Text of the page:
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Gaming consoles evolve along with fan preferences

Since the consoles of old were introduced, game systems have sparked harsh debate within the gaming community.

However, the days of revolutionary change have passed. Cartridges were traded for discs. Consoles shrank in size and grew in power. The introduction of the new PlayStation 4 and Xbox One has not been met with expectations of radically new gaming experiences, but with heated arguments about performance.

Sony and Microsoft have competed for decades with the PlayStation and Xbox franchises, fighting to put out the latest and greatest products in hopes of winning over one another’s customers. The PS3 came with a Blu-Ray player built in, the Xbox 360 upgraded to the 360-Elite and added the motion-activated Kinect.

Now the two companies are at war again with the release of the Xbox One and the PS4, but no one is fighting this crusade harder than the fans.

Countless charts and comparisons have appeared across the web, dividing the two consoles down to the very last detail. The PS4 performs at high-definition 1080p. The Xbox One has USB ports for external storage. The PS4 is $100 less. The Xbox One connects to WiFi.

There are vicious comments attached to nearly every article featuring either console. The hardware elitists, the loyalists and the trolls battle with words to defend their respective console’s honor, or simply to cause conflict.

However, the majority of consumers are not splitting these technical hairs. Not by a long shot.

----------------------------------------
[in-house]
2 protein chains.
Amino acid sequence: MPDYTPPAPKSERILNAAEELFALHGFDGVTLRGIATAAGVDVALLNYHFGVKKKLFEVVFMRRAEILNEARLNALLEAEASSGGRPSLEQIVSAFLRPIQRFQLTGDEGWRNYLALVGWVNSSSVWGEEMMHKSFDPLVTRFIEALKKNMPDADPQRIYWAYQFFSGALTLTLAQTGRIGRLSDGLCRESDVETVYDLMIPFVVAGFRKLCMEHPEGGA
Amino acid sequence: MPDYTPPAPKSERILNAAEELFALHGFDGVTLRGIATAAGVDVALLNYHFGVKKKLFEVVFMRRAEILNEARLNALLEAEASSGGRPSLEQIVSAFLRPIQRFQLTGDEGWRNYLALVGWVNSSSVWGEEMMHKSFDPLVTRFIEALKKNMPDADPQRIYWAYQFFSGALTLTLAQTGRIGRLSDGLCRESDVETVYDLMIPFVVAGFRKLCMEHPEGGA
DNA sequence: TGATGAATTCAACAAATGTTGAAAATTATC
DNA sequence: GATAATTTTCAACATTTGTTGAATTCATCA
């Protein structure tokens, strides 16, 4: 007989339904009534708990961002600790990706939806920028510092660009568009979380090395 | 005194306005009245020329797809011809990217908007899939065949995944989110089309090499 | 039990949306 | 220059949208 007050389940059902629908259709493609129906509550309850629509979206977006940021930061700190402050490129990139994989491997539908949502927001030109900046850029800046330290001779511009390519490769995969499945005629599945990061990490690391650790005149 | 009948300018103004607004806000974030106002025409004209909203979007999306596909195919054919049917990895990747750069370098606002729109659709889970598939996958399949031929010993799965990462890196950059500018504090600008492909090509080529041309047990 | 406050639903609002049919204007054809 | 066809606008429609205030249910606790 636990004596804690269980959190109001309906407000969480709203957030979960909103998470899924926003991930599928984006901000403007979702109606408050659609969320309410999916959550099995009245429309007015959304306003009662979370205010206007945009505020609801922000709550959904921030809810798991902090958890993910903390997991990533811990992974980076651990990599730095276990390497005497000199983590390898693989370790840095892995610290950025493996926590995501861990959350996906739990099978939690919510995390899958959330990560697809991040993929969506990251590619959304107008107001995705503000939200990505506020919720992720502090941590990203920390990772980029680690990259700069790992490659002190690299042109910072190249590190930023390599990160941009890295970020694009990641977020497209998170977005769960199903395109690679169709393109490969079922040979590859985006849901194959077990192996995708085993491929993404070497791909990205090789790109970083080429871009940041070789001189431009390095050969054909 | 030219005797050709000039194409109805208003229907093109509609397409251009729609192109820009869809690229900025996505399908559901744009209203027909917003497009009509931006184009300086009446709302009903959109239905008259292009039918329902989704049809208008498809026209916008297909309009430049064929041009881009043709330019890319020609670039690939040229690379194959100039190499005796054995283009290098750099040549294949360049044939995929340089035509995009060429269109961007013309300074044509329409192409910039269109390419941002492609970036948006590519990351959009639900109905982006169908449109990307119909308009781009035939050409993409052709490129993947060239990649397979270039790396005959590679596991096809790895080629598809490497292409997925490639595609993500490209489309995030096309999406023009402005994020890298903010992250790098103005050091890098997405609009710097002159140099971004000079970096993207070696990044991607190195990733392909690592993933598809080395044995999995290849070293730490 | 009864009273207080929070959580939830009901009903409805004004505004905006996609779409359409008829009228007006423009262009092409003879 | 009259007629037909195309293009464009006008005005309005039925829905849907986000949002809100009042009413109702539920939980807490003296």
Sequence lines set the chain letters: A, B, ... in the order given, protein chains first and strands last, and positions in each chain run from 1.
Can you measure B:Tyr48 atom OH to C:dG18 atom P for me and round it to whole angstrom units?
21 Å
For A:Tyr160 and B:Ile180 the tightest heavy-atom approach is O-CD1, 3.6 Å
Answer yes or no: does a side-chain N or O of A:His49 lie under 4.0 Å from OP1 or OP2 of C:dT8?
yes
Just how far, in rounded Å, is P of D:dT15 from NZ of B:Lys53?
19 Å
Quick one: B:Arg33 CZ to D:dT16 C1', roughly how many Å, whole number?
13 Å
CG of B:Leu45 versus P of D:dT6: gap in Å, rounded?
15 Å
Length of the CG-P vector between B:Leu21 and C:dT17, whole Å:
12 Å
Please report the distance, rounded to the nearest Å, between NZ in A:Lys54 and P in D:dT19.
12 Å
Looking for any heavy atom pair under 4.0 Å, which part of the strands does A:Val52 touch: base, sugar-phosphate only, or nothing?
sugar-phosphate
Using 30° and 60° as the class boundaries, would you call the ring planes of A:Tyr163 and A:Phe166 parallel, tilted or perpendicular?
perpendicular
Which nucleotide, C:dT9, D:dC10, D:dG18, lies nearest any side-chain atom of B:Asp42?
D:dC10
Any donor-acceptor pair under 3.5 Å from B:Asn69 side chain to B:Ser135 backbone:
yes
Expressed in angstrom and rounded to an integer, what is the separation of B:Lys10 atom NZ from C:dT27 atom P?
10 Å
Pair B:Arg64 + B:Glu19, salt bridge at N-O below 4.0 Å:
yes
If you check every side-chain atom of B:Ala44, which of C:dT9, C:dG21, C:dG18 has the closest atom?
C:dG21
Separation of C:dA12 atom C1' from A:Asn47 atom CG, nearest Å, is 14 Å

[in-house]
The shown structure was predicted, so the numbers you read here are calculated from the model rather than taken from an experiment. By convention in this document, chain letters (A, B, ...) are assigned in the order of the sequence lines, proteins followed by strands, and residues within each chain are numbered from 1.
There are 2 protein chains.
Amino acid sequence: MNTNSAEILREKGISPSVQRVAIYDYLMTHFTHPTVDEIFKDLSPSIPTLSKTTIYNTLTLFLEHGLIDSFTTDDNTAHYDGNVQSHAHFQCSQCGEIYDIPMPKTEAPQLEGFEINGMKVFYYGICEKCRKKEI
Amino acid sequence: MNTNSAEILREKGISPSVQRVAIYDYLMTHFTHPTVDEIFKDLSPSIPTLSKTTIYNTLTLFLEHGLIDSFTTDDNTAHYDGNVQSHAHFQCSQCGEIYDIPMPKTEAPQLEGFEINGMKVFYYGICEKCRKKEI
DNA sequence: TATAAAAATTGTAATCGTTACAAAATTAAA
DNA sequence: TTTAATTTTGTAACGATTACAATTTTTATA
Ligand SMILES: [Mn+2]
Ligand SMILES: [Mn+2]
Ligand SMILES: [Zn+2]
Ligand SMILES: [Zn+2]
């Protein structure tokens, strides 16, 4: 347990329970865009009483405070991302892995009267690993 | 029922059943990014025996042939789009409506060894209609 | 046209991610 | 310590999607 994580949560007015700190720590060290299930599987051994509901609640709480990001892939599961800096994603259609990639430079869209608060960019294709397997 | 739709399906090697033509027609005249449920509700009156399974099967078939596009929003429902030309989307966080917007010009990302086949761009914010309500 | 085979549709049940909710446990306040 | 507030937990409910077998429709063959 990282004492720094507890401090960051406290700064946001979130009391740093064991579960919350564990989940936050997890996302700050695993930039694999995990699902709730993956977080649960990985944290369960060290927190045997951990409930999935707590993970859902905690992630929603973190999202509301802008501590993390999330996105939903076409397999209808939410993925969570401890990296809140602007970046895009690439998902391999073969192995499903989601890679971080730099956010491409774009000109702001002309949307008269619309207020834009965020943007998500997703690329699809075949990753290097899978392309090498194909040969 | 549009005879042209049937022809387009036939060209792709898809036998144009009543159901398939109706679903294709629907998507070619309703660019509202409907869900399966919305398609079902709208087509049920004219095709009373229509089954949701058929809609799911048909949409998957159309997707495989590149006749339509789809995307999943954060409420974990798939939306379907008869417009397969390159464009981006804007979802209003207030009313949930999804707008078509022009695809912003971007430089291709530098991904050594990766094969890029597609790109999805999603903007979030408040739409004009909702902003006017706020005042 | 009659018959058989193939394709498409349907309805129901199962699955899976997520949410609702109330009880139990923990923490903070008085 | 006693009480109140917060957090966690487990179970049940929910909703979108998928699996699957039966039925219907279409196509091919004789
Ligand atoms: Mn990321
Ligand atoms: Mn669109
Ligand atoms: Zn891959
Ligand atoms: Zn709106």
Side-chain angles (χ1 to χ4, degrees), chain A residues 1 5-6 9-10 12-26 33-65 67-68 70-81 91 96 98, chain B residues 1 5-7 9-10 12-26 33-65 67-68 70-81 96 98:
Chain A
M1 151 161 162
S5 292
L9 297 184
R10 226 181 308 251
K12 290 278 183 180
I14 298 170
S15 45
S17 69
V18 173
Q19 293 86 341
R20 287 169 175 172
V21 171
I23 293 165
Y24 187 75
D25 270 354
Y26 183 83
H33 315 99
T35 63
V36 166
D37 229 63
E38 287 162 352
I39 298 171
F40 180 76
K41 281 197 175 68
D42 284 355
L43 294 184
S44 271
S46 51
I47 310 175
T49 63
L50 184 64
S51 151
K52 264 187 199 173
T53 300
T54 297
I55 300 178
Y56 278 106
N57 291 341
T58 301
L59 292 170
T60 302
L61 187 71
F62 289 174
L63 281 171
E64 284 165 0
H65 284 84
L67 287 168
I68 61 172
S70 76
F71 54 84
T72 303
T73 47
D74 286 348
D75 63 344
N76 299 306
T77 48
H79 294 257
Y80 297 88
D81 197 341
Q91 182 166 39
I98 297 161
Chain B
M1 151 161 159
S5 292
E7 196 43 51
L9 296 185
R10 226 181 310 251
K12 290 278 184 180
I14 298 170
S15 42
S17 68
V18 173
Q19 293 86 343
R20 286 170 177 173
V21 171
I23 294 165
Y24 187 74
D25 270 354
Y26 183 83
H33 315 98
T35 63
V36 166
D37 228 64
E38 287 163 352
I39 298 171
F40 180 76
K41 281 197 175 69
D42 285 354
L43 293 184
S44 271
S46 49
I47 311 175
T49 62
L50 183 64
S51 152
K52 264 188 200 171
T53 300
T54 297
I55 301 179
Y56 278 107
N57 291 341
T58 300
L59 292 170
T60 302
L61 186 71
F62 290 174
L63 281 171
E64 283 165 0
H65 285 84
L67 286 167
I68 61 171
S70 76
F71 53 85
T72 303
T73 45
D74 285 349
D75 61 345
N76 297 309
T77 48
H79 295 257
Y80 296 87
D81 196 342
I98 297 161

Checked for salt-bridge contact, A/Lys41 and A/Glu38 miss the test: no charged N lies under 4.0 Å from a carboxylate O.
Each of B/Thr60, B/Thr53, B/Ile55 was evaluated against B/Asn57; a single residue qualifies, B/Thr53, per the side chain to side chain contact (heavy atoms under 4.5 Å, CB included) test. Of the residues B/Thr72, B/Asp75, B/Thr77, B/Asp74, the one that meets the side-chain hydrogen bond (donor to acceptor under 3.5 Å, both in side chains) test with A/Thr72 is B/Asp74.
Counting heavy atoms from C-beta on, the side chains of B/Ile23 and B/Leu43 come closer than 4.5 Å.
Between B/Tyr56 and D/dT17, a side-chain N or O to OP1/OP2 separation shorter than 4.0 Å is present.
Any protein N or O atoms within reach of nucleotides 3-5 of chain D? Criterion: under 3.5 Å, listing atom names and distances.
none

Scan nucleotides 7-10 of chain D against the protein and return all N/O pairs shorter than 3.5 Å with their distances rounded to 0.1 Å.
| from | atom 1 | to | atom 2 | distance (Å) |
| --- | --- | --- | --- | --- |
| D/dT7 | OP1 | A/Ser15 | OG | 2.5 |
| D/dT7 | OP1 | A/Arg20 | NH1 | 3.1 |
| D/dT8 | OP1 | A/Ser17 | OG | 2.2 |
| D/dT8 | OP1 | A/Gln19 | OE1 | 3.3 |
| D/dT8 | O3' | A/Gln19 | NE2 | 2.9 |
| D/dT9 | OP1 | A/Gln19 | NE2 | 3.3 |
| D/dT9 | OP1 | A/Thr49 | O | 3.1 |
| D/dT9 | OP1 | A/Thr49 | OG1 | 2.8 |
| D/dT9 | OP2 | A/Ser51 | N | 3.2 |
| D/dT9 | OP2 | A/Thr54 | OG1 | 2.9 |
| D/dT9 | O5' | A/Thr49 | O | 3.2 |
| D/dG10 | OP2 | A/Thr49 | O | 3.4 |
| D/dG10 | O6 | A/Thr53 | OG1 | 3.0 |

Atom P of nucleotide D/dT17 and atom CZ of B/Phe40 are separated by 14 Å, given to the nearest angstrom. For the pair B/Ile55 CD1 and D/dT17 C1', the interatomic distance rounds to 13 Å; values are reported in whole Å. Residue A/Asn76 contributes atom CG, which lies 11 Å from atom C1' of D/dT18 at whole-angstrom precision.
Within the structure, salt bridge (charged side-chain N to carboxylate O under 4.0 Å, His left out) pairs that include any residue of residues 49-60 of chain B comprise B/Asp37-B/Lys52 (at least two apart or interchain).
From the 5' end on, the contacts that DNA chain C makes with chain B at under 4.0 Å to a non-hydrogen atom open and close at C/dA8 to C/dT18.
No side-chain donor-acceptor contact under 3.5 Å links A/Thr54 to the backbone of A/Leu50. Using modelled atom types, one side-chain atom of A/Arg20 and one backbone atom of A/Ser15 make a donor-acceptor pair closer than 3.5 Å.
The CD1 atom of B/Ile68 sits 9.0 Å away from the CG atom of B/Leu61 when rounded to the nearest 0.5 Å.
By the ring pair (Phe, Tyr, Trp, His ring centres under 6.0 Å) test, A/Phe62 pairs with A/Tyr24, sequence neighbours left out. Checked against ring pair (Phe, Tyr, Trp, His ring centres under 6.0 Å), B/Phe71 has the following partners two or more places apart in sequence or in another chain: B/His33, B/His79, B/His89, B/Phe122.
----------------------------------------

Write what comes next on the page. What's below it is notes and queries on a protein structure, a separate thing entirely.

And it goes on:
What it really comes down to is familiarity, game preference and price. Someone who loves Xbox games is far more likely to buy the Xbox One. Someone who grew up with PlayStation is more likely to buy the PS4. Someone with no real preference either way may turn to PC gaming with Steam, which offers games from both and frequently at reduced cost.

The Internet crusaders are a very small minority of gaming consumers. The casual gamer is not scouring the web to find every minute difference between the two consoles, he or she is likely going to follow the same patterns they have in the past. Sony and Microsoft are targeting this larger community of casual gamers because neither has any radical new feature to offer.

Crusaders are splitting hairs because, in all honesty, the two systems are very similar to both each other and their predecessors. Neither company is going to switch from discs to cartridges, or from discs to significantly smaller discs. [I’m looking at you, Nintendo GameCube. I’d love to know who thought that would be a lasting trend].

It’s natural for one to fight for the franchise they love, and when there is little to actually fight over, the battle somehow intensifies. However, once the PlayStation 4 and the Xbox One have been on the market for a while, the swords will be reluctantly sheathed. Casual gamers will miss the fight completely, and crusaders will become less fiery about the small differences between the two consoles.

A few months back, when Microsoft still insisted on its system of unsharable games, this was completely different. The difference between a physical disc and a downloaded file led to a huge backlash against Microsoft, so much the company changed the system completely. Now that both Xbox One and PS4 offer physical game copies, there isn’t a great deal to argue about.

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